Surrounded by Silence
Prefuse 73 is about making beats, which, in this day and age, might seem like a quaint exercise. But with mainstream hip-hop circling the drain for the past year or two, and the same old turntablists still sounding like, well, the same old turntablists, a new approach to beat science is more than welcome. And Prefuse 73 --- we won't spoil the fun by revealing any names --- fucks with the program in a way that would make the earliest beat pioneers more than proud.
Prefuse's focus on beats could spell monotony, but he's well-known for his ability to take jarring left turns with his music. The concentration of sounds, and Prefuse's willingness to puree whole genres, is dizzying. But his hot rhythms keep things anchored for the heads.
On Surrounded by Silence the theme is collaboration, and it's tackled with the same verve as Prefuse 73's usual experiments. Vocalists and musicians from various reaches of modern music (The Books, Ghostface, El-P, Blonde Redhead's Kazu, Beans, Claudia and AlejandraDeheza, etc.)are enlisted and placed into the Prefuse context as he makes his digital connections. It's a great coming together, and it happens almost seamlessly; that is, once you grow accustomed to Prefuse's schizoid tendencies. And the bottom line is that it's all so crunchy, so full of up-to-the-moment funk, it's undeniable.
See You Next Tuesday
Pop-teen trio Fannypack, best known for the tacky one-hit wonder "Camel-toe," released their second full-length album this week. With "Camel-toe" (if you're wondering, it's the vaginal equivalent of a wedgie) Fannypack joined the unlucky club of gifted musicians unknown for anything beyond their one chart hit. And, unfortunately, it obscured the rest of So Stylistic, one of the best hip-hop albums of 2003.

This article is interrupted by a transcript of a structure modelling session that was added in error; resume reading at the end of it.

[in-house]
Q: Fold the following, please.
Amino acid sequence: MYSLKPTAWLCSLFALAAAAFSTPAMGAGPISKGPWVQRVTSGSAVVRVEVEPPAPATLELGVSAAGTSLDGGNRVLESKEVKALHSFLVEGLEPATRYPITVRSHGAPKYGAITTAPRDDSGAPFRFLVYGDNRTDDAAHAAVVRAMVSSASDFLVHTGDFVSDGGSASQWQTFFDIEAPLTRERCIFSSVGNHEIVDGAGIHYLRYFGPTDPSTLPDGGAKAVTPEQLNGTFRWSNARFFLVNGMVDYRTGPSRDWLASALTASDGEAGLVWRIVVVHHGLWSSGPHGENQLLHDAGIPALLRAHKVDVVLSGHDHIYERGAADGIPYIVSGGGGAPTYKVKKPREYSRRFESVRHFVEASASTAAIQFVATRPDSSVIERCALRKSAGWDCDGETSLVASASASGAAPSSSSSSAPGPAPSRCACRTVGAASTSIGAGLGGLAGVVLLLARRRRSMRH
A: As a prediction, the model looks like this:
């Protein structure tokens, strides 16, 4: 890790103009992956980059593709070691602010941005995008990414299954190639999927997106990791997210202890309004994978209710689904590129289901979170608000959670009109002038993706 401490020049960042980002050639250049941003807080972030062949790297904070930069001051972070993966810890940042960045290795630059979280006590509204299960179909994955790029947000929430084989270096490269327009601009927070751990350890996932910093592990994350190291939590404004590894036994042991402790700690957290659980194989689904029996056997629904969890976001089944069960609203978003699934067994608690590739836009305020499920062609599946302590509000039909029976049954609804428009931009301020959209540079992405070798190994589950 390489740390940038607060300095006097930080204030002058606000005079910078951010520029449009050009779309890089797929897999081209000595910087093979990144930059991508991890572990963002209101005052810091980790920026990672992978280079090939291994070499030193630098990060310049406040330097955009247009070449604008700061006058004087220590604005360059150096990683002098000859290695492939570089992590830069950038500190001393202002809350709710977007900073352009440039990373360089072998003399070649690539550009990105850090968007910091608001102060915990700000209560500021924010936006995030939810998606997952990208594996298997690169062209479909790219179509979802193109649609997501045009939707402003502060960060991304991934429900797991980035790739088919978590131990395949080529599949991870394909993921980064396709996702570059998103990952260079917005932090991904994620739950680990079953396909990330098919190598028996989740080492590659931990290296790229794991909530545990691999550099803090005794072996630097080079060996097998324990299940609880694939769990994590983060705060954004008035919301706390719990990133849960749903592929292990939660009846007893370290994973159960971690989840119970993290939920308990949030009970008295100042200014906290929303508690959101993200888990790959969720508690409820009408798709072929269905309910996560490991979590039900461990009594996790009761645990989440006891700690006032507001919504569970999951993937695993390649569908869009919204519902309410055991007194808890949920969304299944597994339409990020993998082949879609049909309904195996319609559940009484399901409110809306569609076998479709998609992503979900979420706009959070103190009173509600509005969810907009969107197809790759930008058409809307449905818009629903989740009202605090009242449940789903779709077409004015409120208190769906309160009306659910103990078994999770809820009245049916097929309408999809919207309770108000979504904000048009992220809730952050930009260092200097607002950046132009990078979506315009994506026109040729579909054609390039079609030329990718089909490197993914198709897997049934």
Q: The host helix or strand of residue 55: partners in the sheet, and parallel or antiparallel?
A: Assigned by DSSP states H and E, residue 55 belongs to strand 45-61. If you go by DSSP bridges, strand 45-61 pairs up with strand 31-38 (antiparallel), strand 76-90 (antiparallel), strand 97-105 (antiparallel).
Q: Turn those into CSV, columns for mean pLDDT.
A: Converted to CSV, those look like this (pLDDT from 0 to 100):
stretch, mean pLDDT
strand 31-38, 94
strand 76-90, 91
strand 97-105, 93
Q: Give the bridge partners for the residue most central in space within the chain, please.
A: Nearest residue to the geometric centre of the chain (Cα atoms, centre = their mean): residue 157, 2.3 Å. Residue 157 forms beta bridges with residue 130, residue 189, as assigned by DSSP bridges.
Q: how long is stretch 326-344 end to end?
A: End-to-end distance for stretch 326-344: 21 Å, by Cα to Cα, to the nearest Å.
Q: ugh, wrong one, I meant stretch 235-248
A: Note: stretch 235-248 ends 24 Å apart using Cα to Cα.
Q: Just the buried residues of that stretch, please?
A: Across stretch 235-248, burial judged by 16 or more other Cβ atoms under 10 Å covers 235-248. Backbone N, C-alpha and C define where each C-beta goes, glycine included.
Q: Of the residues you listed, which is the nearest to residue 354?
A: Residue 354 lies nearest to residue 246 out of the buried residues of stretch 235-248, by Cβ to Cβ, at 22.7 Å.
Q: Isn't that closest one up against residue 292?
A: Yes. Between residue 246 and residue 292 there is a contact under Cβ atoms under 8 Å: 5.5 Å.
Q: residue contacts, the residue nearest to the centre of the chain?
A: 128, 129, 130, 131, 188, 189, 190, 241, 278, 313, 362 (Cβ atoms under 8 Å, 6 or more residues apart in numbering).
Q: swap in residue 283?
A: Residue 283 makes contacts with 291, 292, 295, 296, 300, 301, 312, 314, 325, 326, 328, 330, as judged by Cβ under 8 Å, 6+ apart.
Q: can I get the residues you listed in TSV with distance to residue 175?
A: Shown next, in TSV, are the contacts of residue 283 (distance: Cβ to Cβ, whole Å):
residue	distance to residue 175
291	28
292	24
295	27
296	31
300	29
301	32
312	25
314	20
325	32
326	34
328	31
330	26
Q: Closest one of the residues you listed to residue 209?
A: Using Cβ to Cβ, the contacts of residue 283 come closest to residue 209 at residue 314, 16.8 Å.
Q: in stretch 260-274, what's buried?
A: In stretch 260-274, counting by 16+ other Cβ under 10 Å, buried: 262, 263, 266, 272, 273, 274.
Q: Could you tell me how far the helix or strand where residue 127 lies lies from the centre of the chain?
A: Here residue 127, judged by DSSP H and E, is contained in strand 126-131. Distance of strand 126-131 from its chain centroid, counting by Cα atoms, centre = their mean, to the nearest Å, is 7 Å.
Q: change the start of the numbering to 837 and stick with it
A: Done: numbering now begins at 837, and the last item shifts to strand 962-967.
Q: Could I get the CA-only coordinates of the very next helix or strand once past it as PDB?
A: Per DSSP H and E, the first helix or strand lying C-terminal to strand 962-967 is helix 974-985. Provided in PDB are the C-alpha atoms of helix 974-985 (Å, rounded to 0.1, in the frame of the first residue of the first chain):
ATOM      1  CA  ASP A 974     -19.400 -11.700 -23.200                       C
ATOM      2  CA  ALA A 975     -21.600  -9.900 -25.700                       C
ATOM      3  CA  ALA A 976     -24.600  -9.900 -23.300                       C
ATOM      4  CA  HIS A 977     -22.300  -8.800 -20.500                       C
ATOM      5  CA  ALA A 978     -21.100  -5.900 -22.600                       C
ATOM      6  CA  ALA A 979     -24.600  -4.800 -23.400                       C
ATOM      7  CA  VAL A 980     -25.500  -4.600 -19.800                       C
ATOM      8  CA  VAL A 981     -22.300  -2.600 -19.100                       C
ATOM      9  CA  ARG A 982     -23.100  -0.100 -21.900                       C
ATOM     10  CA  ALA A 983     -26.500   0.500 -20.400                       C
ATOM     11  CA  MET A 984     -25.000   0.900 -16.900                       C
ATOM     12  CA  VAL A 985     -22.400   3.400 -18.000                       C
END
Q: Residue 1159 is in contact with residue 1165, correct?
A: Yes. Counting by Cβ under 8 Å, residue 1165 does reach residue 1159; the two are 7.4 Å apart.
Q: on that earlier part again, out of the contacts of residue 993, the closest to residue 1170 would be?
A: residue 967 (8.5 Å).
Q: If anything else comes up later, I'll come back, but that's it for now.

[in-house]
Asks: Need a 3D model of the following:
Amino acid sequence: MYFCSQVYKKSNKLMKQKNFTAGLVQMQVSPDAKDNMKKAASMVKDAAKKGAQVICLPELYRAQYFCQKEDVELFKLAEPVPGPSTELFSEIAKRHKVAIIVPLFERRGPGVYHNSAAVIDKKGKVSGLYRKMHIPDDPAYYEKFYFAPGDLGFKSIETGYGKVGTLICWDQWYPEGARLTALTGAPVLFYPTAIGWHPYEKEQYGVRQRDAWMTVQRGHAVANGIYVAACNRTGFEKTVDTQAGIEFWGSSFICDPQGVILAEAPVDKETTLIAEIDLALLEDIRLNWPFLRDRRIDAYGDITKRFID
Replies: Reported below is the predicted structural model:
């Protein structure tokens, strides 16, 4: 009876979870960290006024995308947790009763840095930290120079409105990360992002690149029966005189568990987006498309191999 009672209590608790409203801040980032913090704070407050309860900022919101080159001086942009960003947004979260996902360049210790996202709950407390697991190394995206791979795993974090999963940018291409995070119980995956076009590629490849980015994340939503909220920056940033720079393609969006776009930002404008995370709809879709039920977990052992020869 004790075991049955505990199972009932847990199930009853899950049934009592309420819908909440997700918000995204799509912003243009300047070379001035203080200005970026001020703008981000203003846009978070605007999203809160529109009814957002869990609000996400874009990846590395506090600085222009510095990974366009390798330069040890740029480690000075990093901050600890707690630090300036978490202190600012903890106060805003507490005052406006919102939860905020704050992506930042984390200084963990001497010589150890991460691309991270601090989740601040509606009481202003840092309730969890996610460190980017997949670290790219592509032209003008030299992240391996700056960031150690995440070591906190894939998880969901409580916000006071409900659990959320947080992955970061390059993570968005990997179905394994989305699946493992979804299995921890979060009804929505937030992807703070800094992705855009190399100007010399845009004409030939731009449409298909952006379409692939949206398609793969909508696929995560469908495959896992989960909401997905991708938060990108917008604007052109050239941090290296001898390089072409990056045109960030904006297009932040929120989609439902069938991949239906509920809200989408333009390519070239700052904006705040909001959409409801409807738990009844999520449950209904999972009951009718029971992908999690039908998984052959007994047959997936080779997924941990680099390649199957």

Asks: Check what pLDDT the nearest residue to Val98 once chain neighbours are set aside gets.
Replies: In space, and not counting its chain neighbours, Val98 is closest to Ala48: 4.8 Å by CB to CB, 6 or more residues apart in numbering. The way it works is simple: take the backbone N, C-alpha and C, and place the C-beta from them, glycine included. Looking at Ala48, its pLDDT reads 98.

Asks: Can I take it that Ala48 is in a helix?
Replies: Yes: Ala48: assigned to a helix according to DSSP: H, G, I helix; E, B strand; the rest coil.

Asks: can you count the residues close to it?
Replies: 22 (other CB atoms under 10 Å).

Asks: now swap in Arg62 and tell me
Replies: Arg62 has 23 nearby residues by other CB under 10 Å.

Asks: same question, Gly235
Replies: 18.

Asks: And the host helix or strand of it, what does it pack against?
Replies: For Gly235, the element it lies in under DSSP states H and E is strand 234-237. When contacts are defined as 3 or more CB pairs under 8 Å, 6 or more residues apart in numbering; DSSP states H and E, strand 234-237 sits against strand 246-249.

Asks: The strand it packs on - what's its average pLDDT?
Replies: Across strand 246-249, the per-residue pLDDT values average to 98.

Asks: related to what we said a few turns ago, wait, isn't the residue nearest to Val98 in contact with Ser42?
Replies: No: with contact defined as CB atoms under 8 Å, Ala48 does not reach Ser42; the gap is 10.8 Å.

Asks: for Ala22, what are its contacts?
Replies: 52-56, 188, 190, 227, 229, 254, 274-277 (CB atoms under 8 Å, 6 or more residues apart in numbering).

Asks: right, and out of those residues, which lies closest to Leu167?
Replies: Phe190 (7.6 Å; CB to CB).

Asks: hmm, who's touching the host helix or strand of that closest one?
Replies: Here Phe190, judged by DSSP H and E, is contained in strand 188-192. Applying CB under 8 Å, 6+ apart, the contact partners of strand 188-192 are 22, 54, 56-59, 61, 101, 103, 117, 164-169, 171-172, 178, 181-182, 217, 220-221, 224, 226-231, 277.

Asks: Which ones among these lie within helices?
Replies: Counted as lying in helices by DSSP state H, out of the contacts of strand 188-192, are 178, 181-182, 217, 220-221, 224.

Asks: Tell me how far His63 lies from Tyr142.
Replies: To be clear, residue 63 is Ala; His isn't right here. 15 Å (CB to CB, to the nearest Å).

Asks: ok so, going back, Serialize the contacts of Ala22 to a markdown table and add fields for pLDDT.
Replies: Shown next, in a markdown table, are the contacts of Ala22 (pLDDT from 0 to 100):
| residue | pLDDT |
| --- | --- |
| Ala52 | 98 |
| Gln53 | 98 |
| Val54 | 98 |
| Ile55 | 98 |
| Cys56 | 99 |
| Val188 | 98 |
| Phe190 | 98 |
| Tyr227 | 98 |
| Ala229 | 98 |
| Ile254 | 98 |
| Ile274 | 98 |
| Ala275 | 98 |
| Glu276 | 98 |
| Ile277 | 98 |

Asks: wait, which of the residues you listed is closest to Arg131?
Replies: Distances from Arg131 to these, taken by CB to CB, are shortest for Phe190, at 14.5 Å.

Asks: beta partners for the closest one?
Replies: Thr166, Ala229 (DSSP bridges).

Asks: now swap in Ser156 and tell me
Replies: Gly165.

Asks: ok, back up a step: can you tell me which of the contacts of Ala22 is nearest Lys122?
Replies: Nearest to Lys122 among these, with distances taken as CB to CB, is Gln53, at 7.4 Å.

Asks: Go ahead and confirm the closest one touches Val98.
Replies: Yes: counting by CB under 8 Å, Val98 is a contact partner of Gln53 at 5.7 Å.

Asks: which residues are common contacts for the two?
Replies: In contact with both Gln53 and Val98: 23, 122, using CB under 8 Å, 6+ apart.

There are actually five members in Fannypack, but the two brainchild producers --- Fancy and Matt Goias --- remain in the shadows, affording frontgirlsJessibel(18), Belinda (16), and Cat (21) the spotlight. See You Next Tuesdayis poised to redeem the group's faddish reputation. Geared to the Seventeen set, Tuesday is an anomaly: It appeals to hop-scotchers and hipsters alike.
With an impossibly mature taste in musical style, the album is an inspired pastiche of influences, drawing from dancehall, bhangra, drum-n-bass, '80s hip-hop, electro, and Miami bass. The girls boast a tripartite rapping interplay that hasn't been heard since the days of Paul's Boutique. And their crackling lyrics, effervescent delivery, and predilection for impolite language make the album irresistibly fun. This one might be a rung down from the heights of So Stylistic, but that still leaves it at the top of the heap.
--- Michael Neault